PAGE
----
Cat5 vs Cat6: Differences Between These Network Cables

The Ethernet cable is a vital component of a network system. The category of the Ethernet cable used in a network system can affect the speed of workflow within the network. The Cat5 Ethernet cable was the gold standard for Ethernet cables from 1995 until the production of the Cat6 Ethernet cable in 2002.

The Cat5 Ethernet cable is capable of speeds of up to 100Mbps at 100MHz. The Cat6 Ethernet cable, on the other hand, is capable of supporting gigabit technologies as it can run speeds of up to 1000Mbps or 1Gbps at 250MHz. The Cat5 Ethernet cable does not have individual shielding for each twisted wire and overall wire shielding while the Cat6 has both.

This article will explain the features of both the Cat5 and Cat6 Ethernet cables. It will also highlight their differences in speed, material, and construction. Lastly, it will explain the features and functionalities of the Cat5e as a middle ground between Cat5 and Cat6 Ethernet cables.

Cat5 Ethernet Cable

cat5 cable

Cat5 Ethernet cables were considered the gold standard before the arrival of the Cat6 Ethernet cable. This category of Ethernet cables can provide up to 100Mbps at a maximum of 100 meters. It can also offer bandwidths of up to 100MHz. 

Inside the Cat5 Ethernet cable are four pairs of twisted 24-gauge copper wires. These wires are color-coded and each pair does not have insulation. The body of the cable itself also does not have insulation. 

Despite having four twisted pairs present, the Cat5 Ethernet cable only utilizes two of the four twisted pairs. Meaning, it may be capable of carrying more data than what its rating indicates. 

The Cat5 Ethernet cable also has two different variants: solid and stranded. Solid Cat5 Ethernet cables are capable of covering longer distances without speed drop-offs. These are usually used in buildings and large establishments. 

The stranded Cat5 Ethernet cables are more flexible than the solid variants and are better used for shorter distances. It is often used as patch cables for connecting computers to each other or into a router or server. 

Today, the Cat5 Ethernet cable is considered obsolete because of its inability to support gigabit network technologies. It is most commonly used today for low-bandwidth services like voice and ATM services.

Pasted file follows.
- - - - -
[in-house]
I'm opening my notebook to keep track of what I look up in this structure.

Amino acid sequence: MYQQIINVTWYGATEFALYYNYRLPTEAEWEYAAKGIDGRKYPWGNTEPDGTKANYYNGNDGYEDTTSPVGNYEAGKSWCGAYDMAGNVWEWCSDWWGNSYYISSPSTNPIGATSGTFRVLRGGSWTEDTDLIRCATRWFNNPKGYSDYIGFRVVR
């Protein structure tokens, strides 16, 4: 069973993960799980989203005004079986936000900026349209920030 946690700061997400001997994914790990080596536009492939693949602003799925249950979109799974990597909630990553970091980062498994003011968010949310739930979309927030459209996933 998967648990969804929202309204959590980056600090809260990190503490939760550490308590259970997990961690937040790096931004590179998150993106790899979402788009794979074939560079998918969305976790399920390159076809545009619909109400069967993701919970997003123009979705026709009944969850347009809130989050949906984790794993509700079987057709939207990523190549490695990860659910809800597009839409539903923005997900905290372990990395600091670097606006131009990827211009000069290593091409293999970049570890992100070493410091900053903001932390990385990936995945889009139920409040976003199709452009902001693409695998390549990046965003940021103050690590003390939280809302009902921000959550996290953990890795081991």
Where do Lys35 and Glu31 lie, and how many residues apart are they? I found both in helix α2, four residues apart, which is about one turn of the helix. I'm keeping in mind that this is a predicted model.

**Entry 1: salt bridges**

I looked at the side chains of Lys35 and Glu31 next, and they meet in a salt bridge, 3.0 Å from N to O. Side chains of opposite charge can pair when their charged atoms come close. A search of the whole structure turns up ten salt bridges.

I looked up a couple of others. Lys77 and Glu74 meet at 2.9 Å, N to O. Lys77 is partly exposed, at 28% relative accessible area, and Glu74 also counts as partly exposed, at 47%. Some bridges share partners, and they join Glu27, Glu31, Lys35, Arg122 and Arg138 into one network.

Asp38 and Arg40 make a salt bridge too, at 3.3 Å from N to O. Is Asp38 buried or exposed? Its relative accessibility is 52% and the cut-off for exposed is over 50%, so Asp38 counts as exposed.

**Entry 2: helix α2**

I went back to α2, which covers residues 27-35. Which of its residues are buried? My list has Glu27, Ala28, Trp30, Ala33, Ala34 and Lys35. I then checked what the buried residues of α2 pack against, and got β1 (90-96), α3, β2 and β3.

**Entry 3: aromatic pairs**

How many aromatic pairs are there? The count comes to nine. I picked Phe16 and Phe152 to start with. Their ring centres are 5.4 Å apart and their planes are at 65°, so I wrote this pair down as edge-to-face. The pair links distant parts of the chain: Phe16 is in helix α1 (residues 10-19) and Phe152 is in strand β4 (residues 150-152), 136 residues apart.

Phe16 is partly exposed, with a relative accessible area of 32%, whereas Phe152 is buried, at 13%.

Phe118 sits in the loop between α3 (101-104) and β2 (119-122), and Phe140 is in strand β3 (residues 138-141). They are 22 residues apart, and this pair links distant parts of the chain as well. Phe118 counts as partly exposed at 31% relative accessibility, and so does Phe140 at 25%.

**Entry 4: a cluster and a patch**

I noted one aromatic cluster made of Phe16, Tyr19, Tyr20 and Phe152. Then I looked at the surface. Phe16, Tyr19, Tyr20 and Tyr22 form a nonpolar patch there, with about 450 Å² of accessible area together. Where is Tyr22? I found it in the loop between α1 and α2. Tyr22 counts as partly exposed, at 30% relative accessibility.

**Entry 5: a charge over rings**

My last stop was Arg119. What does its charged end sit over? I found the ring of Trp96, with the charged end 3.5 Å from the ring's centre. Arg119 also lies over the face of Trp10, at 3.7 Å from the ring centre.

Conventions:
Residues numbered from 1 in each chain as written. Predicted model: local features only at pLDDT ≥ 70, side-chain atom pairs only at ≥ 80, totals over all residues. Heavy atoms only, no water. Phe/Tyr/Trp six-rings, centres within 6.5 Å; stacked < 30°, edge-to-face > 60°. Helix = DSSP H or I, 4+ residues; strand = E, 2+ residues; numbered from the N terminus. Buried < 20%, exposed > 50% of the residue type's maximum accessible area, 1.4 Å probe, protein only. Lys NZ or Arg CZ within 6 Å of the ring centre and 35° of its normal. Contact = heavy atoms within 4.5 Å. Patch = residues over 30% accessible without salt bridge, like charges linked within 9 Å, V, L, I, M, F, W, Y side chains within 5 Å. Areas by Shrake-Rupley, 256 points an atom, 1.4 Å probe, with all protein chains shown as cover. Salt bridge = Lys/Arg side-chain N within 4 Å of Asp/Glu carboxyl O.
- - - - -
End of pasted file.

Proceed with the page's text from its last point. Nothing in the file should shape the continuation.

It also has low twists per centimeter compared to the minimum standard today. It contains only up to 2 twists per centimeter while the standard for reduced interference and better bandwidth is more than 2 twists per centimeter. 

Cat6 Ethernet Cable

cat6 cable

The Cat6 Ethernet cable has four twisted pairs of copper wires and is capable of speeds up to 1Gbps at 250 MHz at a maximum distance of 55 meters.  

The Cat6 Ethernet cable is the standard for Ethernet cables today because of its capability and compatibility with gigabit technologies. It also has greater minimum bandwidth at 250MHz which allows it to recognize a greater number of frequencies. 

Today, Cat6 Ethernet cables use a braided copper and polymer mesh to provide insulation while retaining the flexibility of the cable. It also improves the near-end crosstalk (NEXT) and equal-level far-end cross talk (ELFEXT) capabilities of the Cat6 Ethernet cable which results in higher transmission rates with fewer transmission errors. 

The Cat6 Ethernet cable also has additional shielding across all of the twisted pairs. This further reduces the susceptibility of the cable to signal interference. Furthermore, the wires are more tightly twisted with over 2 twists per centimeter. 

With the additional shielding in the Cat6 Ethernet cable, it is more rigid and can be difficult to install. However, it is often recommended for newer installations because of its added protection against crosstalk and other signal interferences and its support for gigabit technology. It is more convenient for future-proofing as it avoids costs of future re-installation.

Additionally, it is compatible with older categories of the Ethernet cable. Thus, people with older network infrastructures can shift slowly to gigabit-capable technologies starting with the Cat6 Ethernet cable.